The Polygon Gallery is an art gallery operated by the British Columbia Photography and Media Arts Society in Vancouver, and Canada’s largest non-profit photo gallery. The striking new building, designed by Patkau Architects, is located on an exposed site right on the harbour and features the Vancouver City skyline as its backdrop. ERCO LED lighting tools for track were used both in the exhibition spaces and shop area of the gallery, combining a high degree of flexibility with a linear design and efficient visual comfort.
The local planning offices of Patkau Architects, which received the commission for the new building, designed it as a striking two-floor construction with a saw-tooth roof. Polygon Gallery is situated in an exposed location directly on the waterfront, on a newly created plaza at Lower Lonsdale’s harbour quay. The almost completely enclosed gallery floor with its characteristic saw-tooth roofs crowns the large glazed ground floor with foyer, cafe and shop, offering views into and through the building from the outside. The facade shell of perforated stainless steel shingles enables the building to blend into its urban surroundings and, depending on the daylight makes it appear in iridescent grey and silver tones.
The gallery shows a wide spectrum of Canadian contemporary art by both local and international artists with a focus on photography and media art within the context of historical and international exhibits. The architects designed the two largest exhibition rooms on the upper floor to be airy and spacious, which receive daylight exclusively through the northern-facing skylights. This ensures glare-free illumination of the spaces during the day without hard shadows. To keep the difference between daylight and artificial light as low as possible, the lighting designers opted for ERCO LED lighting tools with a neutral white 4000K light colour. In the Polygon Gallery, the luminaires demonstrate their ability to ideally meet the most varied of lighting requirements within an art context – with uniform, glare-free general lighting on the one hand and crisp accentuation of the exhibits on the other.
The horizontal steel girders below the saw-tooth roofs accommodate a flush-mounted track system on which Light Board spotlights and lens wall-washers have been mounted. Thanks to simple re-positioning, these can be flexibly modified to the general concept and exhibits of the specific exhibition, and also precisely aligned. The orientation of the luminaires pays homage to the so-called museum angle, considered ideal for the illumination of art: the 30 degree angle of incidence avoids glare for observers that might be caused by reflections on paintings, photo works or media art. The convenient adjust-ability, the innovative lighting technology and the simple linear design of Light Board completely convinced the lighting designers. The control gear is integrated into the flat housing of the luminaires, the luminaires appear completely uniform and identical in construction even when fitted with different lenses and are also visually discreet within the overall design of the exhibition spaces.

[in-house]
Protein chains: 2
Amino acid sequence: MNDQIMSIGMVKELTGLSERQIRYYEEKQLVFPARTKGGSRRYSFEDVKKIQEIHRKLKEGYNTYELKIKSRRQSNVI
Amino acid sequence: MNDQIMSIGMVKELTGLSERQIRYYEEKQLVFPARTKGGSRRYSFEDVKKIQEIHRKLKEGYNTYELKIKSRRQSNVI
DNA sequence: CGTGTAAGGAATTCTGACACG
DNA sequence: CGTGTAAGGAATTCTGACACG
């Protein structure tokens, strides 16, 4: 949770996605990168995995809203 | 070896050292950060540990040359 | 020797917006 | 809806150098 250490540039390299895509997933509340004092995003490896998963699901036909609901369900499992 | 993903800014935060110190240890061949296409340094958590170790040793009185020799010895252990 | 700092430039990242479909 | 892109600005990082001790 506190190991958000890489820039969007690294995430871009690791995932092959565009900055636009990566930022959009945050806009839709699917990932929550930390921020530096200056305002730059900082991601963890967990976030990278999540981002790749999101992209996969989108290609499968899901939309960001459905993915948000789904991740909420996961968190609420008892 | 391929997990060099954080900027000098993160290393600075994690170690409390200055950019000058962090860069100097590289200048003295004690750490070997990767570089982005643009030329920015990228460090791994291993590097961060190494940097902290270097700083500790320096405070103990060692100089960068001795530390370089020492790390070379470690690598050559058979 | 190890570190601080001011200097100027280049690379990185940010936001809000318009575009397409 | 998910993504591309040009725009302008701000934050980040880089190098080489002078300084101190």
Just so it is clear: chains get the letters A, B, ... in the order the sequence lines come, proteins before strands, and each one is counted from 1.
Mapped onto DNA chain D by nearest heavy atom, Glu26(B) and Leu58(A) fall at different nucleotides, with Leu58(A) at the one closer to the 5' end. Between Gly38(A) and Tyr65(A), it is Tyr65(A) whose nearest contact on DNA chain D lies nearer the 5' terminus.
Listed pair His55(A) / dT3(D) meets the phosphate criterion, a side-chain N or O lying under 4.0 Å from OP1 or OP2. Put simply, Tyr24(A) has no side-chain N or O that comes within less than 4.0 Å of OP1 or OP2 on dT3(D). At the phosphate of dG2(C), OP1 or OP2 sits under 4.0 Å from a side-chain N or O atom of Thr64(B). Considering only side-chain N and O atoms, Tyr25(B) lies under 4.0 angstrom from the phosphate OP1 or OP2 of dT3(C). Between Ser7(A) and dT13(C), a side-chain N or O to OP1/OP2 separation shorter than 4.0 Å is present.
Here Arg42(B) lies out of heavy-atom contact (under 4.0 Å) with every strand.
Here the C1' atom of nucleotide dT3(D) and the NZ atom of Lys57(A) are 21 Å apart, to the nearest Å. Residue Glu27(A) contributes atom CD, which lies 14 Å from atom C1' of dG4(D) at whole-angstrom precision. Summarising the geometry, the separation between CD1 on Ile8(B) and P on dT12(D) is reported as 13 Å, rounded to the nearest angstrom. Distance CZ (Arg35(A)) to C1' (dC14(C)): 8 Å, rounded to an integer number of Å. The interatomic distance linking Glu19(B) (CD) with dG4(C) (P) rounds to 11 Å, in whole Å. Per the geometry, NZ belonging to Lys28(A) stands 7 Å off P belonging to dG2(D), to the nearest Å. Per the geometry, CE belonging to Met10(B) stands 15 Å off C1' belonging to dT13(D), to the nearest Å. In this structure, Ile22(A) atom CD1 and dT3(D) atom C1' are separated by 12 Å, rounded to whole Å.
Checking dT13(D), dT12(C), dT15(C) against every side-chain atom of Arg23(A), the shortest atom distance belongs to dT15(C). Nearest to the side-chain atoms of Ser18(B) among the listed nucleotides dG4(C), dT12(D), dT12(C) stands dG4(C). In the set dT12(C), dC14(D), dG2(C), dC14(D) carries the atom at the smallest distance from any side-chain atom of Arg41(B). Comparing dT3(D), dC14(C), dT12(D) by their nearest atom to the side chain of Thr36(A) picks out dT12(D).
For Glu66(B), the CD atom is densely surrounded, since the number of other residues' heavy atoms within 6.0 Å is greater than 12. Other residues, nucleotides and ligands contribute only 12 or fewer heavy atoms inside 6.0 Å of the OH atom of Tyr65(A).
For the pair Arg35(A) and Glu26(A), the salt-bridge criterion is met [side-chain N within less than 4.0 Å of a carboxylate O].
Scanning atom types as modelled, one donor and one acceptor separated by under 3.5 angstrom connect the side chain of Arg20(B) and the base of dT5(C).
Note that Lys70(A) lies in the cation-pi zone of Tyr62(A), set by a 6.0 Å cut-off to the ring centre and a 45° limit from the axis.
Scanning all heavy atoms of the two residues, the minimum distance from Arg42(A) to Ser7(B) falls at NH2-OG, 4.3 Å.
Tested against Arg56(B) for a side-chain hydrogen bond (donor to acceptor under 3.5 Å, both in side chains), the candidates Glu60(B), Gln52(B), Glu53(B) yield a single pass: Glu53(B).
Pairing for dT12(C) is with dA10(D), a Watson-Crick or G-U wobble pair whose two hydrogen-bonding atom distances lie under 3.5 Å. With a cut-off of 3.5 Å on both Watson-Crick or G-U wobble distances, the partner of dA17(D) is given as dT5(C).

The architects underlined the contrast between the transparently designed ground floor and the closed upper floor of the Polygon Gallery via their selection of different LED lighting tools. In the large glazed ground floor where the entrance area with reception, shop and lobby café merge, individual exhibits are crisply illuminated with Pollux contour spotlights. In this way the art works set themselves apart from the sales areas and draw attention to the actual exhibitions on the upper floor.
Client: Polygon Gallery, Vancouver / Canada
Architecture: Patkau Architects, Vancouver / Canada
Lighting design: render light & planning, inc., Vancouver / Canada
Photography: Moritz Hillebrand, Zurich / Switzerland
Photo credits: © ERCO GmbH, www.erco.com